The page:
Tool for the Clinic and Lab

Today, between 60,000 and 90,000 unique users access OMIM every month, hailing from every country that has Internet access, says Hamosh. Some users, like David Valle, M.D., professor of pediatrics at the Johns Hopkins University School of Medicine and director of the McKusick-Nathans Institute of Genetic Medicine, are on OMIM multiple times a day to get the information they need to serve patients. 

OMIM has evolved from a catalog of genetic phenotypes into a compendium of entries on genes, phenotypes or both, with virtually everything else that’s known about them: clinical features of phenotypes, their molecular basis, the crystal structure of proteins produced from genes, animal models of those genes or phenotypes.  In addition, OMIM.org has many links to external resources, making it easy to access DNA or protein sequence, molecular pathway and variant databases, gene-testing registries, clinical trial databases and more.

Valle says that OMIM has helped him solve a tricky diagnosis or determine a patient’s clinical needs far more times than he can count. For example, the day before he was interviewed for this article, Valle accessed OMIM to help a pediatric patient who has hearing loss and other characteristics of a rare genetic disorder called Usher syndrome, which is the leading cause of deaf-blindness. Although this patient didn’t have evidence of vision problems, it was possible that he had a late-onset form of the disease.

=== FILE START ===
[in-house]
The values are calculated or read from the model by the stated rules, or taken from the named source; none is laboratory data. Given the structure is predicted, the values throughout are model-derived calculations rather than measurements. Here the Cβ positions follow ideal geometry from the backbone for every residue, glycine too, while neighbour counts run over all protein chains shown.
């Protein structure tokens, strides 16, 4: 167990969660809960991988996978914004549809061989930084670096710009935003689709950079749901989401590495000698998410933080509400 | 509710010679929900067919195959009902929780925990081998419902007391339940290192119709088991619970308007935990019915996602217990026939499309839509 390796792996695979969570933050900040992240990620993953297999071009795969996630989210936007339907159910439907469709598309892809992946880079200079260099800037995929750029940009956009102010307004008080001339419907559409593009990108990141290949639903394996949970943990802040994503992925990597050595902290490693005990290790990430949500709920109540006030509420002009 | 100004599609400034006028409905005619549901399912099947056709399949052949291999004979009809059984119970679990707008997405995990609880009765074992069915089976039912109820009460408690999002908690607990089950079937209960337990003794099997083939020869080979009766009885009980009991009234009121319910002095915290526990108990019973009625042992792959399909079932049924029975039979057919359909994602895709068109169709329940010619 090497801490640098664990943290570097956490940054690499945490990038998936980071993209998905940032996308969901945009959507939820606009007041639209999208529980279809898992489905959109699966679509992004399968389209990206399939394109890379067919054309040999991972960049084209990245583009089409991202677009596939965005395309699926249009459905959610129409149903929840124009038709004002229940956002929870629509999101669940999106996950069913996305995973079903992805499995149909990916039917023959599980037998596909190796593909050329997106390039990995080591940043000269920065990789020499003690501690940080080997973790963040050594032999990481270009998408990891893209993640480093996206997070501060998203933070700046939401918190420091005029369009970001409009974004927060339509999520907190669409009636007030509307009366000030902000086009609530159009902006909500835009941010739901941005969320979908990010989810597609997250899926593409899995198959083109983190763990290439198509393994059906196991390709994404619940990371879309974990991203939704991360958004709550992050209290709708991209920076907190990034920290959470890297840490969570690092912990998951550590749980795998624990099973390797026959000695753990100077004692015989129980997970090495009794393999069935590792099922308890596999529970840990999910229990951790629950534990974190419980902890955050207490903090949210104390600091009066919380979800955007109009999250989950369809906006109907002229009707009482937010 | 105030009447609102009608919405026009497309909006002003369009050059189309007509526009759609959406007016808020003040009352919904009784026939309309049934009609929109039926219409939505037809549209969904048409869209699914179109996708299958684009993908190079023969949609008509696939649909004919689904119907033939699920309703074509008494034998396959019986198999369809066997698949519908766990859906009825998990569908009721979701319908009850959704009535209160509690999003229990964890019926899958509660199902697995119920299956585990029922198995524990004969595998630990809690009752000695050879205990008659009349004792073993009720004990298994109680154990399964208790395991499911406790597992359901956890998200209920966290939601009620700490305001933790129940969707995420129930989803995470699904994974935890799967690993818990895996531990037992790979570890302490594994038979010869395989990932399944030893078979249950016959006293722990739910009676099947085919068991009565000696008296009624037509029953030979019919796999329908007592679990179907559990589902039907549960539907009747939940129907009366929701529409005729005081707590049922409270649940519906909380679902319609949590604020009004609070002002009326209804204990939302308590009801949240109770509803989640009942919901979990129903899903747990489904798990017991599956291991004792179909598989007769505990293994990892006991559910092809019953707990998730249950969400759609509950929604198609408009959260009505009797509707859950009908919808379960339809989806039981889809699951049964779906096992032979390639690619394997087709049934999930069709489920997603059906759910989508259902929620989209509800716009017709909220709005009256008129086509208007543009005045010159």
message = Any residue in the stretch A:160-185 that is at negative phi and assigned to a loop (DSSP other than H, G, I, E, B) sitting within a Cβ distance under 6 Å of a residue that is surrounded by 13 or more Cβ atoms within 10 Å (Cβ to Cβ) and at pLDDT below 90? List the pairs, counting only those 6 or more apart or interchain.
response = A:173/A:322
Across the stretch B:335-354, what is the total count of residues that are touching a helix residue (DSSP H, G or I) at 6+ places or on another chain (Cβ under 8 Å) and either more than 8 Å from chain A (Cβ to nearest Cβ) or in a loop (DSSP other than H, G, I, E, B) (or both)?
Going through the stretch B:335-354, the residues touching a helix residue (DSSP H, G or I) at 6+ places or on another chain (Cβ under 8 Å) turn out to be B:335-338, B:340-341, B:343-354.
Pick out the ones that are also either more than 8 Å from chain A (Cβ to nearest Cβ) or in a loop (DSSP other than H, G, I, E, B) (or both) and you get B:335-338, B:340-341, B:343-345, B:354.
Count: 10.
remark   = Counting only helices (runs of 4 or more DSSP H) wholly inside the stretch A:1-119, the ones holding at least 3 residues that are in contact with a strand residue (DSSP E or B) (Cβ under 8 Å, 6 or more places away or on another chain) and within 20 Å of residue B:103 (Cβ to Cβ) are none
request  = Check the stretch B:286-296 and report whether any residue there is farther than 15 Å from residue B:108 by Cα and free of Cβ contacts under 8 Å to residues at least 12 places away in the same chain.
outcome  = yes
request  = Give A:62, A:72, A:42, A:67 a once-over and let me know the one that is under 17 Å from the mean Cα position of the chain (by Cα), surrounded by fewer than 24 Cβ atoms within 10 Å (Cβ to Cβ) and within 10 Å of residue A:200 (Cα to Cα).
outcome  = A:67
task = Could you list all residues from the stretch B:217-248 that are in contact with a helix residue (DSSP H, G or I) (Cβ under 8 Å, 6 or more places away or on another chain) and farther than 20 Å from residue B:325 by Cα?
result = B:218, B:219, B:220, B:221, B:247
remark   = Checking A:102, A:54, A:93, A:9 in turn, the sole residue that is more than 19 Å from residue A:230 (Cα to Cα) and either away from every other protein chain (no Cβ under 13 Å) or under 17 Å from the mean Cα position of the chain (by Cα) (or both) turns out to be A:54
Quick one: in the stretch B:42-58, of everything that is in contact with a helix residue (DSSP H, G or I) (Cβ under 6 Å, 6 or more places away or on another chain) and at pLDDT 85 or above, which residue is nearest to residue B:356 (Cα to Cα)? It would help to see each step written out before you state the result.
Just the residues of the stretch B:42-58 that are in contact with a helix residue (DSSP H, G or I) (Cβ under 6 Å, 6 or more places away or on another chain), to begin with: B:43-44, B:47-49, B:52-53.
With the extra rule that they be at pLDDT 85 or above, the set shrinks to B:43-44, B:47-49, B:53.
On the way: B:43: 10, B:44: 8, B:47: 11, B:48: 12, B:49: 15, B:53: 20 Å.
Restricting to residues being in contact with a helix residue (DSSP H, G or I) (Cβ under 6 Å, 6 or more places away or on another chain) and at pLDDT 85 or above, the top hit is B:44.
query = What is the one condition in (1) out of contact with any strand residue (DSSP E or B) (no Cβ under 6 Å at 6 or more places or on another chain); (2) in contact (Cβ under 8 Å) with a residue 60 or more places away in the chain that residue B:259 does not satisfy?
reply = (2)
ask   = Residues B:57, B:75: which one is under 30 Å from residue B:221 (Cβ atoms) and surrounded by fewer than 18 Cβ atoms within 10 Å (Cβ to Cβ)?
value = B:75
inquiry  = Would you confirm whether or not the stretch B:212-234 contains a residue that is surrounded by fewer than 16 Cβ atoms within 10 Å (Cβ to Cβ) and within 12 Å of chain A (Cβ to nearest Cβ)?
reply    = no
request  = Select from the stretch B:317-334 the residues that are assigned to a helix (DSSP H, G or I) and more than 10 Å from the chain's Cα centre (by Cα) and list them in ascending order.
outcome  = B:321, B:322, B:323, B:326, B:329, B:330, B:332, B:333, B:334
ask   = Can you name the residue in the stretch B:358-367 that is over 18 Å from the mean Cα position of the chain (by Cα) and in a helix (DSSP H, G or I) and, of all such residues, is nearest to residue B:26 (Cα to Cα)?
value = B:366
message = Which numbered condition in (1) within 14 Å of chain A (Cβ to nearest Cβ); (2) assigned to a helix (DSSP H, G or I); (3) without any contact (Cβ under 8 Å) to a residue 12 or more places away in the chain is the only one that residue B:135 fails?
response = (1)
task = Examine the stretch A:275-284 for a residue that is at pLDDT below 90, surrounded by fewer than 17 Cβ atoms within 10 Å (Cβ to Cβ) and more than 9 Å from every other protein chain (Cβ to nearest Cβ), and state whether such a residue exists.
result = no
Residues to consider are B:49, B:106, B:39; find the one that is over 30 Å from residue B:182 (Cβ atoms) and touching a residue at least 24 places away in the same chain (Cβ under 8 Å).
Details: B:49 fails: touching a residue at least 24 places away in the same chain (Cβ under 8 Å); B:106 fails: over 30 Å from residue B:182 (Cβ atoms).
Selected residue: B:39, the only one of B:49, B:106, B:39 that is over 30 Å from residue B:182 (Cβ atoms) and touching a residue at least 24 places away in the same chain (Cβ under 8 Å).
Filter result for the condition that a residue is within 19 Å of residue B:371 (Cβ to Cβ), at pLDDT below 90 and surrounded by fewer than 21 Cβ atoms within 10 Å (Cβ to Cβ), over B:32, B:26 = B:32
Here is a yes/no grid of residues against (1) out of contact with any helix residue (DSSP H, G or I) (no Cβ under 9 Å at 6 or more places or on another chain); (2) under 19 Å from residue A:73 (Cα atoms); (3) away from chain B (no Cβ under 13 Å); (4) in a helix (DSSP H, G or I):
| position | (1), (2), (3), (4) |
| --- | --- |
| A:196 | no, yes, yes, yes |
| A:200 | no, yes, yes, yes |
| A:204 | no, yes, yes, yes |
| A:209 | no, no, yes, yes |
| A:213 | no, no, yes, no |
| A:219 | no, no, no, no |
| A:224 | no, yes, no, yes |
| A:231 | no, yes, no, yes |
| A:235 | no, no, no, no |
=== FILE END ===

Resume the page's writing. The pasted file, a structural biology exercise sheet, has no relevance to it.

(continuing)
Using OMIM, Valle says, he was able to gather information about different types of Usher syndrome, a disease that few medical geneticists will see in their lifetimes—knowledge that helped him counsel the young patient’s parents and that will eventually steer targeted genetic testing.

Valle has also used OMIM as a research tool. Several years ago, he and his lab, along with colleagues at Harvard and Notre Dame, used OMIM to gather a collection of phenotypic features that overlapped among different diseases to see if genes connected to these conditions might also overlap. This initial “diseasome” was published in PNAS in 2007, leading to dozens of offshoot research studies since.